As it becomes increasingly obvious that the Oslo Accords which brought the PLO to power and laid the basis for the two-state plan was an historic mistake, Yitzhak Rabin’s responsibility for this unraveling disaster begs for reevaluation.
The difficulty is his enshrined status as a “hero” in Israeli society.
This re-examination, therefore, is divided into two parts: his military record and his political leadership.
In his early 20s, Rabin joined the Palmach, a pre-state militia associated politically with the Left, and, in 1945, he helped rescue Jewish refugees being held in the British detention camp at Atlit. In early spring of 1948, he commanded the Harel Brigade, tasked with defending Jerusalem and protecting convoys trying to break the siege.
During a battle near Kiryat Anavim in April, 1948, Rabin left to summon help and then went to Jerusalem to sleep, leaving his men in the field. According to military historian Uri Milstein, “Had Rabin not fled ... he could have and should have ... organized and led his [battle] shocked troops ... to [counter]attack ... and defeat the enemy... .” (The Rabin File
, Gefen Publishers, Jerusalem, p.223).
Following a series of failures, Rabin was relieved of his command on May 11. Six weeks later, he was given command of the unit that fired upon and eventually sank the Altalena, an Irgun supply ship carrying desperately needed weapons (June 22, 1948). Sixteen Irgun members were killed as they struggled to escape the burning vessel; several Palmach fighters were also killed.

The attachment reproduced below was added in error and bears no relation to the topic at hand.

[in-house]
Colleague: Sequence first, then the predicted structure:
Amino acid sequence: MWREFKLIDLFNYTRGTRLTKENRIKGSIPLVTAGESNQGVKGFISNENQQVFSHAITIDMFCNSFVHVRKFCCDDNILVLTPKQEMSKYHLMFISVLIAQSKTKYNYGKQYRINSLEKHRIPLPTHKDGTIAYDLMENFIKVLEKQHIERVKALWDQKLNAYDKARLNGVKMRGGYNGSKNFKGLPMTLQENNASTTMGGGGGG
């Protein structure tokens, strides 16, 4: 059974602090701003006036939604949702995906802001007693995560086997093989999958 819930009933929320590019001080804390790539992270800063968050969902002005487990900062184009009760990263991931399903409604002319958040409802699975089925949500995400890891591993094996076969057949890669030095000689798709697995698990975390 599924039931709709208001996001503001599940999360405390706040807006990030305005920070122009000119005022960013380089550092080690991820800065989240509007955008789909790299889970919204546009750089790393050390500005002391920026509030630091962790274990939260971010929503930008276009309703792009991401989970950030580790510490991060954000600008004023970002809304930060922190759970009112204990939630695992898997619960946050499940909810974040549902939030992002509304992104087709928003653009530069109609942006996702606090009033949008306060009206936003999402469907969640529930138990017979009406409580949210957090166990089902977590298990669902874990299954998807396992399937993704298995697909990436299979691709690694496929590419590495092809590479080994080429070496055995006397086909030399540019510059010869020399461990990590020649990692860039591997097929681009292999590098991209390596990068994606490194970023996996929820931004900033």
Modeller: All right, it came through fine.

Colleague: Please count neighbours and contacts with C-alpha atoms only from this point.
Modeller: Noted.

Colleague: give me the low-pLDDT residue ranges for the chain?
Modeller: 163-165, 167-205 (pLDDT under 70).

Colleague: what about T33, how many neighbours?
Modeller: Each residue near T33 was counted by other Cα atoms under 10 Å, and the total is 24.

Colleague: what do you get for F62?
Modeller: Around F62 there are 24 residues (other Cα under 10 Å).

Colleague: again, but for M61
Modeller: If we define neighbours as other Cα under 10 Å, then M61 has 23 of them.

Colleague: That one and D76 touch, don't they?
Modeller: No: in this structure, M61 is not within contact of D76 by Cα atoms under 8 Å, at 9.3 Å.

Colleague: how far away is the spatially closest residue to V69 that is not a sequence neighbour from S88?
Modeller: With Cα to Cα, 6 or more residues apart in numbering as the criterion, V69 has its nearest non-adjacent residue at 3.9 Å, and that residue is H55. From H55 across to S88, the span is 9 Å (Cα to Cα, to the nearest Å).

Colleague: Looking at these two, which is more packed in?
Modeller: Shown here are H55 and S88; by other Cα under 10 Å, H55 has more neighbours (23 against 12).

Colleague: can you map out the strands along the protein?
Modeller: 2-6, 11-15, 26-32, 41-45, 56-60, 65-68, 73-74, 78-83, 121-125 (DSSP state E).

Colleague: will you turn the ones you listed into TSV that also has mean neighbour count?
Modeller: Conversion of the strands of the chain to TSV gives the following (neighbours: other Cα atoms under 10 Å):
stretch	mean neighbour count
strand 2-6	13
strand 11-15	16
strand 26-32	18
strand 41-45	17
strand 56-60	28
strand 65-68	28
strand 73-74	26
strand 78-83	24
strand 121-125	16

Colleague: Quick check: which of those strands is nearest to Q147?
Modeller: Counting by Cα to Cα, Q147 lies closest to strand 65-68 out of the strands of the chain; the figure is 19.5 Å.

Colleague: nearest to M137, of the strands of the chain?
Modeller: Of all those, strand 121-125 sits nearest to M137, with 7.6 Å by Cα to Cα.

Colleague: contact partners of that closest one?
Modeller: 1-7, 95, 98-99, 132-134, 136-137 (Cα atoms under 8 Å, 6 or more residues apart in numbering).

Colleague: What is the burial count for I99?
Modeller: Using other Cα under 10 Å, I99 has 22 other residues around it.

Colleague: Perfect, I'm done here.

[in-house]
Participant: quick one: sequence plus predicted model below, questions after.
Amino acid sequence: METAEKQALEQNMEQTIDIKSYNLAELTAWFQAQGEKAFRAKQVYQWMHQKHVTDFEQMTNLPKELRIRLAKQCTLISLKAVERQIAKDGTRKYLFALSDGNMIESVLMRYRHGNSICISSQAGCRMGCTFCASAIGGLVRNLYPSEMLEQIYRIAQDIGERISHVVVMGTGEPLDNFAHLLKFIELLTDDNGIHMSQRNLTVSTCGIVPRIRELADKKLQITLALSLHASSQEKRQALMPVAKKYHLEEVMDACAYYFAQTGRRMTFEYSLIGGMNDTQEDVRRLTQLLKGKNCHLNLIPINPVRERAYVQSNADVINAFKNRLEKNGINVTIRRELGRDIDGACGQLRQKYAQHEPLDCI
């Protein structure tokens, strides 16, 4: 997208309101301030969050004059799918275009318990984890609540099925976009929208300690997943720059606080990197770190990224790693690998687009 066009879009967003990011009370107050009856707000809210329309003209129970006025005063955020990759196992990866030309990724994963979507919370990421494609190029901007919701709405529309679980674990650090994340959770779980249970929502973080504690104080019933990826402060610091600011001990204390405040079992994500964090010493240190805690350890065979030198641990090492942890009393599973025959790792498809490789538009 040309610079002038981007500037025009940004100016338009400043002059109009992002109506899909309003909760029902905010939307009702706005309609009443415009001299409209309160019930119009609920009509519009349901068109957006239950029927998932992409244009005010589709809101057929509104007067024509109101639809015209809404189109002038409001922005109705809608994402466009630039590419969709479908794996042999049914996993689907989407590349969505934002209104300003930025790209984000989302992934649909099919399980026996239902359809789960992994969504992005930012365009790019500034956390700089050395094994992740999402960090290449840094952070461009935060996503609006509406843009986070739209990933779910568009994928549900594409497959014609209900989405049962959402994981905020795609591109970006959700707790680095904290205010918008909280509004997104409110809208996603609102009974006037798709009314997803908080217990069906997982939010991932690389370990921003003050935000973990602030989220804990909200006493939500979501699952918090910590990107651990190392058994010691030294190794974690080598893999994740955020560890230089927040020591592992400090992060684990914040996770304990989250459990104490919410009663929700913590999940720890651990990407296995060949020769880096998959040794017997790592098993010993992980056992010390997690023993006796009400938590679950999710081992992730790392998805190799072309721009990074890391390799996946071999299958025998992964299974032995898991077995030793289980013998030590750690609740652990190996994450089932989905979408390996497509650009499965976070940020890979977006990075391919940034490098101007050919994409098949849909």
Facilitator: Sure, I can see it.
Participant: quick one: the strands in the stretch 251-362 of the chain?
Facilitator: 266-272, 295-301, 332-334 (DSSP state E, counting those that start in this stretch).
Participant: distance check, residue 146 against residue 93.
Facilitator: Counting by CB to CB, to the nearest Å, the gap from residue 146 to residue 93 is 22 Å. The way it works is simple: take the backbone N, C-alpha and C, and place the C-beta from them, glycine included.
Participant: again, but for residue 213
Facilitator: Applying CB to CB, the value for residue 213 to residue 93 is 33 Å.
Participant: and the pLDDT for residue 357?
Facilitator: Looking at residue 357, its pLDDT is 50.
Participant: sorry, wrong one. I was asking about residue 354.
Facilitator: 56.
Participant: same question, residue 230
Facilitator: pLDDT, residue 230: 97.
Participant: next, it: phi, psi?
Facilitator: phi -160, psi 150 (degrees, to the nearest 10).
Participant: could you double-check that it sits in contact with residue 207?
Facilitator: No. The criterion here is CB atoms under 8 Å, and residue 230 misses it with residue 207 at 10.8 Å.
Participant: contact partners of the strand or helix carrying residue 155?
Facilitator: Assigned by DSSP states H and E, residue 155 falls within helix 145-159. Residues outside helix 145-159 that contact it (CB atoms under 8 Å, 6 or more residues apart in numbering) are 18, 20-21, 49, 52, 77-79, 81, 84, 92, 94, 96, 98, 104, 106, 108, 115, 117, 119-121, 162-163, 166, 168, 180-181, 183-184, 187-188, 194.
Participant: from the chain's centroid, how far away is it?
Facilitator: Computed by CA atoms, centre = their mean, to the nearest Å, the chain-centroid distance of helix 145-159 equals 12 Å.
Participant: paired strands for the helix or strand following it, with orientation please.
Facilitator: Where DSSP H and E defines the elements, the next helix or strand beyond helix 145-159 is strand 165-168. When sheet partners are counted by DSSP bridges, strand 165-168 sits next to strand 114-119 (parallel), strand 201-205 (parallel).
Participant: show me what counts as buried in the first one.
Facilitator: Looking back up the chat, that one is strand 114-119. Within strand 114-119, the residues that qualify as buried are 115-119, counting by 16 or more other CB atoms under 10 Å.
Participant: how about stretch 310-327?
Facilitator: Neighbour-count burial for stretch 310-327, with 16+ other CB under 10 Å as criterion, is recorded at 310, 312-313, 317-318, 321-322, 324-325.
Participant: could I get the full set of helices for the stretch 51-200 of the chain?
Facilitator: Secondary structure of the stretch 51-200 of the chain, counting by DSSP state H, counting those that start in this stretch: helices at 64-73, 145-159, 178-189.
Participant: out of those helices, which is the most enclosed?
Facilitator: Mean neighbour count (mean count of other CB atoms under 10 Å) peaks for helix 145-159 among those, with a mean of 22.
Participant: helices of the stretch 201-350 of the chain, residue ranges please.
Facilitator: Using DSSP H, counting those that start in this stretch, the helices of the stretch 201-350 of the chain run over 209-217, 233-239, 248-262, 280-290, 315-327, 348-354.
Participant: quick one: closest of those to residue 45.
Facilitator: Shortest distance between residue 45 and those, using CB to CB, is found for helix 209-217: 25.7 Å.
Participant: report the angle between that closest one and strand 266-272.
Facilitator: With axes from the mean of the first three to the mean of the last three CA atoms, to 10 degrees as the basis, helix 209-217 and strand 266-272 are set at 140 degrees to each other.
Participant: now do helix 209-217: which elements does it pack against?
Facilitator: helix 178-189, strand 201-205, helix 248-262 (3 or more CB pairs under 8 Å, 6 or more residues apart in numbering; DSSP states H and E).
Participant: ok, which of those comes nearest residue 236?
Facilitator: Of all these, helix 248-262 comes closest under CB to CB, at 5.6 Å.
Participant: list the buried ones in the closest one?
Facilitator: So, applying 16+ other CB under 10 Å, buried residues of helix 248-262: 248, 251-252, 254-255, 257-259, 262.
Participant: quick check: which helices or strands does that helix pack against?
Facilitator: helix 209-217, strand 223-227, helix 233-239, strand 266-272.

The question remains: What did he do that was “heroic?” As chief-of-staff, Rabin was responsible for preparing the IDF strategically and operationally and is therefore credited with Israel’s astounding victory in 1967, but he opposed IAF commander Maj.-Gen. Moti Hod’s plan for a first-strike attack against Egypt. Defense minister Moshe Dayan also opposed the attack, but Hod appealed to prime minister Levi Eshkol, who gave his permission.
Rabin’s nervous breakdown on the eve of the Six Day War effectively ended his military career. A year later he resigned and was appointed ambassador to the United States.
Returning to Israel just before the Yom Kippur War, he expected to be involved, or at least consulted – but ignored, was bitterly disappointed.
After joining the Labor Party, he became a member of Knesset and Labor Minister.
In 1984, he became defense minister in the Likud-Labor government and in 1985, during Shimon Peres’ term as prime minister, agreed to a disastrous release of 1,150 terrorists, which led to a wave of Arab riots (intifada) in 1987. Although it was Peres’ decision, Rabin did not oppose it. His failure to understand and deal effectively with Arab violence and terrorism before and after the Oslo Accords has been lost in the brain fog of “peace hero.”